Some of the characters in 'The Casagrandes' were based on Miguel Puga's relatives in Boyle Heights. Photo Courtesy of Nickelodeon.
Miguel Puga. Photo Courtesy of Nickelodeon.

Miguel Puga knew he wanted to pursue drawing as a career from a very early age, but the lack of Latino representation in the arts made him think twice. This all changed one Thanksgiving Day after watching the “Peanuts” holiday special and the name of director Bill Melendez appeared in the credits. 

 “I was just like, ‘Who’s this guy?,’” he recalled. “I saw my whole family gathering around watching this cartoon and I was like, ‘hey, that’s a Latino name, It’s almost like our name.’” 

It was at this moment that he realized how a cartoon can magically bring people together. It was also a sign that becoming a successful artist was possible, and Puga went on to prove just that, first as a storyboard artist and eventually as a director and producer on several popular animated series.

Born and raised in Boyle Heights and a proud Garfield alum, the Emmy Award-winning artist says that hard work and having a goal-oriented mindset are what got him success in the entertainment industry.

He had been a full-time storyboard artist at Nickelodeon for 5 years when he got the opportunity to work on a spinoff of “The Loud House” –an animated series revolving around a middle child being raised in a large family. The spinoff, “The Casagrandes,” was developed in collaboration with “The Loud House” executive producer Mike Rubiner and writers Whitney Wetta and Sammie Crowley.

Scene from The Casagrandes. Photo Courtesy of Nickelodeon.

Puga kept his own family in mind, as well as his fond memories of Boyle Heights, while working on The Casagrandes.”

“A lot of the characters are loosely based on or influenced by some of my own brothers, or cousins, or friends I grew up with in the neighborhood here in Boyle Heights,” he says.  

Puga worked as co-executive producer and director of “The Casagrandes,” which aired on the network for three seasons, between 2019 and 2022. The series revolved around a multi-generational Latino family, who lived together in Great Lake City, a fictitious combination of Los Angeles, New York, and Chicago.

“A lot of the characters are loosely based on or influenced by some of my own brothers, or cousins, or friends I grew up with in the neighborhood here in Boyle Heights.”

Miguel puga

The family of 11 all lived on a second floor, above their mercado. The protagonist, a teen named Ronnie Anne, lived in one apartment with her mom María, her brother Bobby and her grandma and grandpa. The rest of the clan lived next door: Ronnie Anne’s tío and tia, and their cousins, Carl, CJ, Carlota, and baby Carlitos.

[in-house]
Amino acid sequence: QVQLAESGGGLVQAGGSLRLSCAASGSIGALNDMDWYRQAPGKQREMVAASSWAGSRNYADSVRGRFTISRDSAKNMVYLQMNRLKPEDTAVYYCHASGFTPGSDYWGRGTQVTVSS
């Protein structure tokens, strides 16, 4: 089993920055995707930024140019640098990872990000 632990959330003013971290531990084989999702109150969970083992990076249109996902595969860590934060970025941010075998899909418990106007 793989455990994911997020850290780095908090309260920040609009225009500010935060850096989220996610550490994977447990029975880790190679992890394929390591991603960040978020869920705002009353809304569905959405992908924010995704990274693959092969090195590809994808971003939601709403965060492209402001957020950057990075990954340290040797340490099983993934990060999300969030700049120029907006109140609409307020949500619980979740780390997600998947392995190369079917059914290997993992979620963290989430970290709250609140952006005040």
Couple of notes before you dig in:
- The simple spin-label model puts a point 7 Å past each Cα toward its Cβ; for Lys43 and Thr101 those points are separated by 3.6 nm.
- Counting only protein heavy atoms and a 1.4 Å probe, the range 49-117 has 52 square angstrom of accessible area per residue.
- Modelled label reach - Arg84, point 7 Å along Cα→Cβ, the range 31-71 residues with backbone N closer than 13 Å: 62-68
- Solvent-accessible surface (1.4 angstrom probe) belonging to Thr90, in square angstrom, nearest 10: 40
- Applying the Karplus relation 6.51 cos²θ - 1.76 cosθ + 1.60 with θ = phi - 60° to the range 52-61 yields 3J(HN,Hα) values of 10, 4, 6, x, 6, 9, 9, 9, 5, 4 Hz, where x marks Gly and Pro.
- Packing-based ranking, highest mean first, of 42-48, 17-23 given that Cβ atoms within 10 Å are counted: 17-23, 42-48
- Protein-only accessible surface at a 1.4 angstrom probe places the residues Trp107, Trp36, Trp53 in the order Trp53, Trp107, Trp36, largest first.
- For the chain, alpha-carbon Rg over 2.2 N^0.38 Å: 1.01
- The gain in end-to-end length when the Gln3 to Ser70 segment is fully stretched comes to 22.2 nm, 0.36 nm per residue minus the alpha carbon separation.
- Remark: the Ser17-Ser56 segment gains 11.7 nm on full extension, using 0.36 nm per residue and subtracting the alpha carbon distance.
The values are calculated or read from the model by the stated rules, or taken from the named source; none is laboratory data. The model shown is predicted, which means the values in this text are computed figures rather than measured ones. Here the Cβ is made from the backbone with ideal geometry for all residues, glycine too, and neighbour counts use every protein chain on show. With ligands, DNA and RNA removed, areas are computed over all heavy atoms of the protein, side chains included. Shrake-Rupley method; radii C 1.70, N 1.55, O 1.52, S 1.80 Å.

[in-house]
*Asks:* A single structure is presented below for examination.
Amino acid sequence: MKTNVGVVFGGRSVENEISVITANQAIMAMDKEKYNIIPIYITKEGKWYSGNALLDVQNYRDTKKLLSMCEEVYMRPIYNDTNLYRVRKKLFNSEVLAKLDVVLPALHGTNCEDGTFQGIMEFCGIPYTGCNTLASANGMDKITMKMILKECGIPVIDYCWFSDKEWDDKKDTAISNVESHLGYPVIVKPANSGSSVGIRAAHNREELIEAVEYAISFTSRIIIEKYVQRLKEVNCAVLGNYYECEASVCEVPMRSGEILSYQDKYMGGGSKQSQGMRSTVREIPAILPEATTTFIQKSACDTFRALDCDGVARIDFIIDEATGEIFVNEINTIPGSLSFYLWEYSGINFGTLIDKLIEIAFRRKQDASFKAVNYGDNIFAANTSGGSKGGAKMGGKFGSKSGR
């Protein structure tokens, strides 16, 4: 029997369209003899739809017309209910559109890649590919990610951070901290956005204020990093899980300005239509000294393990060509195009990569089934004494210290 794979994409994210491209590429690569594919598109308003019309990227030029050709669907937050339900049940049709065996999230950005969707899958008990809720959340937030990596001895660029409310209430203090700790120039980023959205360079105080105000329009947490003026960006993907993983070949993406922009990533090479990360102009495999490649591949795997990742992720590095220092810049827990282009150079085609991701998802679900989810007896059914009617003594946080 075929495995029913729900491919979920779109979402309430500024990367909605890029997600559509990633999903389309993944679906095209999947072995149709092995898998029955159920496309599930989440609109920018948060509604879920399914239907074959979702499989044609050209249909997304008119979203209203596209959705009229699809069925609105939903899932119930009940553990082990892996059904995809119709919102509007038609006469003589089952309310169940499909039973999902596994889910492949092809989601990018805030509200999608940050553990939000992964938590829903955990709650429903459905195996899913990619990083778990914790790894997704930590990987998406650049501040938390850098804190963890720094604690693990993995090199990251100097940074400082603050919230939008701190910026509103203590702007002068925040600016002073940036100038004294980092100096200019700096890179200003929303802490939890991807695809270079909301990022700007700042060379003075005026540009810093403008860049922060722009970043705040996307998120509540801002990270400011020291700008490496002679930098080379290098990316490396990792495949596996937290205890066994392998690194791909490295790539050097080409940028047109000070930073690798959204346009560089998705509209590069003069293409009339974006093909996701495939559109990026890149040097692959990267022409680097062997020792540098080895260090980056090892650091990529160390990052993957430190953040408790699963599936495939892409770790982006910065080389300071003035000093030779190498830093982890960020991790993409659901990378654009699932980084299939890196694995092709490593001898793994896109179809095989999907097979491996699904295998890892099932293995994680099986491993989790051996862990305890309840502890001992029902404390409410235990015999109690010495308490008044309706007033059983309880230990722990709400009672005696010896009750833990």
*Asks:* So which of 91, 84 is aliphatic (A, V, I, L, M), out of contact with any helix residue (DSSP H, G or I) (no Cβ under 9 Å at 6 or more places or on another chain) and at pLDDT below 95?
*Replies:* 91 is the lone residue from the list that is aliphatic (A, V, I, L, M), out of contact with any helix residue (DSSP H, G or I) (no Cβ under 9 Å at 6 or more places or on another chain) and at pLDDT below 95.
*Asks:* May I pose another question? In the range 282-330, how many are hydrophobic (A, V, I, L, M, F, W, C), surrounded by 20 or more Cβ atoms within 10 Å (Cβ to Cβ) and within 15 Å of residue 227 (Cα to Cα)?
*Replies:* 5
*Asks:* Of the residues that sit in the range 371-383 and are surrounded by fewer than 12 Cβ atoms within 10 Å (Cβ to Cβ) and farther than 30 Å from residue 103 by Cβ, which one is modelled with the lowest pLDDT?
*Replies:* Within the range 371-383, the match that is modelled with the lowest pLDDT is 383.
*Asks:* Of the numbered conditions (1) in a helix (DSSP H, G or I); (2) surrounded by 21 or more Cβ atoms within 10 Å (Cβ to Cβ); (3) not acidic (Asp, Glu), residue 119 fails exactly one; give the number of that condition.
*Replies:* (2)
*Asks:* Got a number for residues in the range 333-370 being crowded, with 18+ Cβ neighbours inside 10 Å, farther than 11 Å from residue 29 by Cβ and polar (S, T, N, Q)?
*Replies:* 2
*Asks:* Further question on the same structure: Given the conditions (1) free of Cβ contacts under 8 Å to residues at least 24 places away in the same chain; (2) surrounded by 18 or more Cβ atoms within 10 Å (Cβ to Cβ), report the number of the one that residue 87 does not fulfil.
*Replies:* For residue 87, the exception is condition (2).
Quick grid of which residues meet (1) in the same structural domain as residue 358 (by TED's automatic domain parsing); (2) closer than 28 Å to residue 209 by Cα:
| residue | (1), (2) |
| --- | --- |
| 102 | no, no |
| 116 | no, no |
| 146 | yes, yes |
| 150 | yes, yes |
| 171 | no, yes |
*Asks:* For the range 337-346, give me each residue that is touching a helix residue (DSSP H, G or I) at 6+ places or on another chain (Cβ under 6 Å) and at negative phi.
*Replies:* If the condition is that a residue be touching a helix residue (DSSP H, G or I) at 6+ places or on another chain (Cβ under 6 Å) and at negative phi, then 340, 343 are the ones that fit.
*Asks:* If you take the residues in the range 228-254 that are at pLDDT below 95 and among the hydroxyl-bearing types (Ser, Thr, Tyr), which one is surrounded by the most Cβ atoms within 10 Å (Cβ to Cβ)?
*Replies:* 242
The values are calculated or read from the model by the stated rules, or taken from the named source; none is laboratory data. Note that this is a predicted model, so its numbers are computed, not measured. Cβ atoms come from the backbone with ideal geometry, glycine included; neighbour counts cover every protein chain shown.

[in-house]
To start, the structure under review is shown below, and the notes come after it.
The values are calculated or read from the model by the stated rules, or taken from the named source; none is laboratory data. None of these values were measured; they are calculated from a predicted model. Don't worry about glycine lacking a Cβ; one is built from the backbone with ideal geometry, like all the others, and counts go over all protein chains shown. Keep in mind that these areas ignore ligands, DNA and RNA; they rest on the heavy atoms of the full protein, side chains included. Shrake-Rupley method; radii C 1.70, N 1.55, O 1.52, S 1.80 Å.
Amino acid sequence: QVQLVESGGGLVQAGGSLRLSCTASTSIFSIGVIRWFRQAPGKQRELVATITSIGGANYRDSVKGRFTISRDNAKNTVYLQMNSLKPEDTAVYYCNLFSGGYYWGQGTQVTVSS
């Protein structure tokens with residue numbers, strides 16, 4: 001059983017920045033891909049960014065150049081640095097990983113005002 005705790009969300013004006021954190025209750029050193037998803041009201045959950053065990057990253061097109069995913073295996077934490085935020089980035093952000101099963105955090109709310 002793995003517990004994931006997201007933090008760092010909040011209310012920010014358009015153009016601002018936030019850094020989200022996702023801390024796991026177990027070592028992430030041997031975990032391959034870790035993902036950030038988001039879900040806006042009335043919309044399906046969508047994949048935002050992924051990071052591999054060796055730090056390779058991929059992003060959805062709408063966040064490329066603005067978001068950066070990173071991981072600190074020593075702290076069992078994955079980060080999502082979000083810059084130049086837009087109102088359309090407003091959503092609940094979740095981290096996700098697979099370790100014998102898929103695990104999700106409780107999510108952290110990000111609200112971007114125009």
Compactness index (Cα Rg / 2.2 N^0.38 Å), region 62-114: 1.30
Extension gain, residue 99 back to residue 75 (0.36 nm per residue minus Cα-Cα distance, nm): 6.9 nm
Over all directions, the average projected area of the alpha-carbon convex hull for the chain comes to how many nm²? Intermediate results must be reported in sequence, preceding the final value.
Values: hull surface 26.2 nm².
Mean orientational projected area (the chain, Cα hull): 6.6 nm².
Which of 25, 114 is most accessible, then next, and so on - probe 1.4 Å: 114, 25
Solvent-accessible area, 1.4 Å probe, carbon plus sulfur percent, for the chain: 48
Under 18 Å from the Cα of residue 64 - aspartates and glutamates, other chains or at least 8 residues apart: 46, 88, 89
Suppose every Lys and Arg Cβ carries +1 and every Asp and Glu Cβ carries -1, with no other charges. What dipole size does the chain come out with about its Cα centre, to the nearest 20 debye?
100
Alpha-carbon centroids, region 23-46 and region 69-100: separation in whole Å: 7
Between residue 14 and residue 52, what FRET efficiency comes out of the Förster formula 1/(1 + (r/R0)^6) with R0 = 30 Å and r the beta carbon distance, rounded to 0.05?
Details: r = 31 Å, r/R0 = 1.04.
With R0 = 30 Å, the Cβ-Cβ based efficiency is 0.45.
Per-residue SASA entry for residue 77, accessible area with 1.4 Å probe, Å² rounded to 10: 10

Puga hoped that families in close-knit urban communities, such as Boyle Heights., would relate to “The Casagrandes.”  He says that incorporating anecdotes and characteristics from his upbringing was crucial, and he made sure that his team worked arduously representing a Mexican-American lifestyle appropriately.

“We worked hard to make sure that they are a Mexican-American family, [and] we portray the culture the right way and not as a joke,” Puga says.

At first, it was difficult, with some of his peers not seeing what Puga envisioned for “The Casagrandes,” saying ”there’s too much Spanish” in the show or “people are not going to understand.”

Looking past his critics, Puga knew the real audience of the show would not complain about the amount of Spanish. When the show was tested in several schools around the country, “The Casagrandes” was a hit. 

“[We would hear] these kids talk about the show and they’re like, ‘oh my god, I love this,’” Puga shares. “Kids are connecting with these brown characters… looking at it as like, ‘hey, that’s just like my brother.’”

The show went on to capture TV audiences as well, earning two Daytime Emmy nominations for its first season. After Puga won the award in 2020, he took his trophy on a photo tour of some of his favorite spots in Boyle Heights, which he shared on social media.

The 38-year-old artist, who is married and has one child, says he’s currently working on a new “big” project, but could not reveal details.

With “The Casagrandes,” Puga was able to do more than just create a show based on a Mexican American family. The series, which employed multiple Latino voice actors and animators, contributed to breaking Mexican-American stereotypes by creating accurate representation and paved the way for future Latino artists in the animation industry. 

“There’s a lot of people like myself, who are Latinos from either Boyle Heights or East LA or similar areas that are working their way up in these industries,” Puga says. “And guess what, we’re leaving the door open.”

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Terra Alvarez

Terra Alvarez (She/Her) is a senior at James A. Garfield High School. She enjoys exploring, solving math equations, and dad jokes. She plans to attend a four-year university with a major in Environmental...

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